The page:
Letter to Bernanke: Stop QE2
by David Moenning
November 16, 2010
Source: Seeking Alpha
Last week the international community voiced its displeasure with the Fed's plan to buy $600 billion in US Treasuries (QE2) to help spur inflation and lower unemployment. Countries around the world criticized the central bank, stating that effectively printing more dollars would devalue the dollar on world currency markets.
Despite President Obama defending the Fed's program last week, on Monday morning, dissent was voiced by US policymakers. A group featuring Republican-leaning lawmakers, political strategists, and economists will be launching a campaign this week calling on Fed Chairman Ben Bernanke to pull the plug on QE2.
In an open letter which will be published in ads in both The Wall Street Journal and The New York Times, the group writes:
The planned asset purchases risk currency debasement and inflation, and we do not think they will achieve the Fed's objective of promoting employment.
The group's economists have already been meeting with and advising Republican lawmakers, including current House Budget Committee Chairman Paul Ryan, as well as potential 2012 GOP presidential candidates.
Republican Mike Pence from Indiana said:
Printing money is no substitute for pro-growth fiscal policy... [the signatories of the letter] represent a growing chorus of Americans who know that we should be seeking to stimulate our economy with tax relief, spending restraint and regulatory reform rather than masking our fundamental problems by artificially creating inflation.
The Fed, which has enjoyed significant independence from politicians in devising monetary policy, has found itself caught in political crosshairs. The Republicans are now adamant about repealing QE2, while Democrats have supported the program. Moving forward, if the economy fails to pick up over the next year, Democrats may even be more pressing on the Fed to take further stimulative action.
Some well known liberal economists, including Nobel laureates Paul Krugman and Joseph Stiglitz, have already called into question the effectiveness of quantitative easing. They argue that more fiscal stimulus is needed to mend the economy, rather than another heavy dose of monetary policy.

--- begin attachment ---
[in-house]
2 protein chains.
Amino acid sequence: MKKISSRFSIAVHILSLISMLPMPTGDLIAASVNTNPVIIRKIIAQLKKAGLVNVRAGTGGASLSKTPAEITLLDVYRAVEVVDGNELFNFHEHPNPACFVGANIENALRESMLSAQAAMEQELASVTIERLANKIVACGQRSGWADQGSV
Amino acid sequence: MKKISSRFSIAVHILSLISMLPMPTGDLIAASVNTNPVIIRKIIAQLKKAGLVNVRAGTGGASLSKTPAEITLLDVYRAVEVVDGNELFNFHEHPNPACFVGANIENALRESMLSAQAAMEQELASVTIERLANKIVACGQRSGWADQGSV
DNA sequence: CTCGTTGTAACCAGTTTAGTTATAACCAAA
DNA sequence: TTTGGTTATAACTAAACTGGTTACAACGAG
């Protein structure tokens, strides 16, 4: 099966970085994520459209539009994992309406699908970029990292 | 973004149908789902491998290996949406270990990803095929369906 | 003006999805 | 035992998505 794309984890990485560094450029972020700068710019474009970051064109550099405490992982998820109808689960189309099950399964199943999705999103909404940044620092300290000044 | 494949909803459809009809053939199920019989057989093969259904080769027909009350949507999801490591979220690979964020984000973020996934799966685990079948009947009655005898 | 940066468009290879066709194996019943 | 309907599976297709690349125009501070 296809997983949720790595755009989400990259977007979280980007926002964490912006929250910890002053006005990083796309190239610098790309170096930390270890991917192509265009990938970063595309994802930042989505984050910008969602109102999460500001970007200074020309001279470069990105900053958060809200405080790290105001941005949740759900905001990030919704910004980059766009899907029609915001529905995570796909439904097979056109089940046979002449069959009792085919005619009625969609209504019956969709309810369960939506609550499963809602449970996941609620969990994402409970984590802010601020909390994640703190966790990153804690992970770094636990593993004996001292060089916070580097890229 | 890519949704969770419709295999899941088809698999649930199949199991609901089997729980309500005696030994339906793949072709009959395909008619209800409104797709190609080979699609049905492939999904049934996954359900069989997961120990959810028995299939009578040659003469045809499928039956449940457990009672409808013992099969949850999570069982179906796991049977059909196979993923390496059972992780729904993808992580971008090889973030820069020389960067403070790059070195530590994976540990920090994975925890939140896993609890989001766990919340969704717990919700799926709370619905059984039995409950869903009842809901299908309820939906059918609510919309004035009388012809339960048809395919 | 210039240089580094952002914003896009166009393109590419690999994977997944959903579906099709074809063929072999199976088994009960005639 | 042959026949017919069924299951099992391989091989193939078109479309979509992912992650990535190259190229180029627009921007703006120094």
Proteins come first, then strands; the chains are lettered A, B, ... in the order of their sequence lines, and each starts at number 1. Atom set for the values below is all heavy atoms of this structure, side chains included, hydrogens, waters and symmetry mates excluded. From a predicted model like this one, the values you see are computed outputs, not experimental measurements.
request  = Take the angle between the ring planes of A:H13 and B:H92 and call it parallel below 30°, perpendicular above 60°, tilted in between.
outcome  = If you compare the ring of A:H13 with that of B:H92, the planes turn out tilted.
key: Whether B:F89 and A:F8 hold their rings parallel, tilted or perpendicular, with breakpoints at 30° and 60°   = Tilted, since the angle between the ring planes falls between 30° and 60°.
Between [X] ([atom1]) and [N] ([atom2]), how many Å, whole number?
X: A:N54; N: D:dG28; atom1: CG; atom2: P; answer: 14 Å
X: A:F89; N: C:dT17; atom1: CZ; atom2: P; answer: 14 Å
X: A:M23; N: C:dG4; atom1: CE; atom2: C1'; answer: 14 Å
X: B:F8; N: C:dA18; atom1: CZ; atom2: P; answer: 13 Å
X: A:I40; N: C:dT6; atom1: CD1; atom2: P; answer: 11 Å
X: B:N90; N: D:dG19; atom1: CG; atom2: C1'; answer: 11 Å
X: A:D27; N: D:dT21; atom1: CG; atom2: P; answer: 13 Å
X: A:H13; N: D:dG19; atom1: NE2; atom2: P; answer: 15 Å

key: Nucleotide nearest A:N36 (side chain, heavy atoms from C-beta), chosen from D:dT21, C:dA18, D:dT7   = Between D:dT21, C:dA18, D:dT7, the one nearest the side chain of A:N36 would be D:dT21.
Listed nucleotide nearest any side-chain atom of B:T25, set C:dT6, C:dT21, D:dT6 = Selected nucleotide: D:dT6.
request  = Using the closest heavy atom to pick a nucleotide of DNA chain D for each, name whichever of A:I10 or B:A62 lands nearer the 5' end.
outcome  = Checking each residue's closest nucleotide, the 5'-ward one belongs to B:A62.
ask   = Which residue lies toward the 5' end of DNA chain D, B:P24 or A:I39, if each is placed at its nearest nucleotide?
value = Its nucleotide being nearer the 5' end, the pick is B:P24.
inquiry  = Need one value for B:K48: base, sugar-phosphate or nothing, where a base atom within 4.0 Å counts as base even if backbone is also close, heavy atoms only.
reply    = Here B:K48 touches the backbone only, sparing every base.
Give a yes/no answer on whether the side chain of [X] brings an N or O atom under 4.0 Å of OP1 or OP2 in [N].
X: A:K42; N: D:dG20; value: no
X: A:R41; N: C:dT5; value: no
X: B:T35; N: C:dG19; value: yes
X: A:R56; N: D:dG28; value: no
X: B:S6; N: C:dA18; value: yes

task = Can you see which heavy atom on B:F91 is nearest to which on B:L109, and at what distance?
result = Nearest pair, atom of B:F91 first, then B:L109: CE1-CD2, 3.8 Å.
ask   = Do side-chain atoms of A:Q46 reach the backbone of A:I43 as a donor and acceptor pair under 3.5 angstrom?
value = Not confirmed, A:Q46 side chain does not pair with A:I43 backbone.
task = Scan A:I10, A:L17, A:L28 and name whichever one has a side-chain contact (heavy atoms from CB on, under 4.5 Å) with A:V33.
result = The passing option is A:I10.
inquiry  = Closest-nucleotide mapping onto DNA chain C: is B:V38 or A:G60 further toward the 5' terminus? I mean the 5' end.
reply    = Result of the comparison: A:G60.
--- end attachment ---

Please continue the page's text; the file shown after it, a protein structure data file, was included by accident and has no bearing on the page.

A Fed spokeswoman said Sunday:
[The Fed] will take all measures to keep inflation low and stable, as well as promote growth in employment... [the central bank] is prepared to make adjustments as necessary... [and] is confident it has the tools to unwind these policies at the appropriate time.
She also stated that Chairmen Ben Bernanke does not believe that the Fed can solve all of the economy's problems on its own, and that sound economic health will take "the combined efforts of many parties including the central bank, Congress, the administration, regulators, and the private sector."
Bob McTeer, former President of the Federal Reserve Bank of Dallas, spoke out against the political backlash, stating:
It is unfortunate that economists are over-hyping this and trying to politicize it. What populists on the right and left have in common is a distrust of the establishment, and to them the Fed personifies the establishment.
McTeer has backed the Fed's QE2 program. He also participates at the National Center for Policy Analysis, a right-leaning think tank.
Signers of the letter calling for the Fed to cut the easing program include economists Michael Boskin, chairman of George W. Bush's Council of Economic Advisers; John Taylor, a monetary policy scholar who served in both Bush administrations; Kevin Hassett, a member of the American Enterprise Institute; Douglas Holtz-Eakin, a former Congressional Budget Office director; David Malpass, who served as a Treasury economist under Ronald Reagan; and William Kristol, who edits the "Weekly Standard" and is a member of a new conservative think tank called e21.
The signers of the letter claimed that they were not trying to challenge the Fed's independence. Douglas Holtz-Eakin said:
It's fair to have a public debate about what the right monetary policy is... I'm a long way away from being comfortable with the idea of the Congress running monetary policy.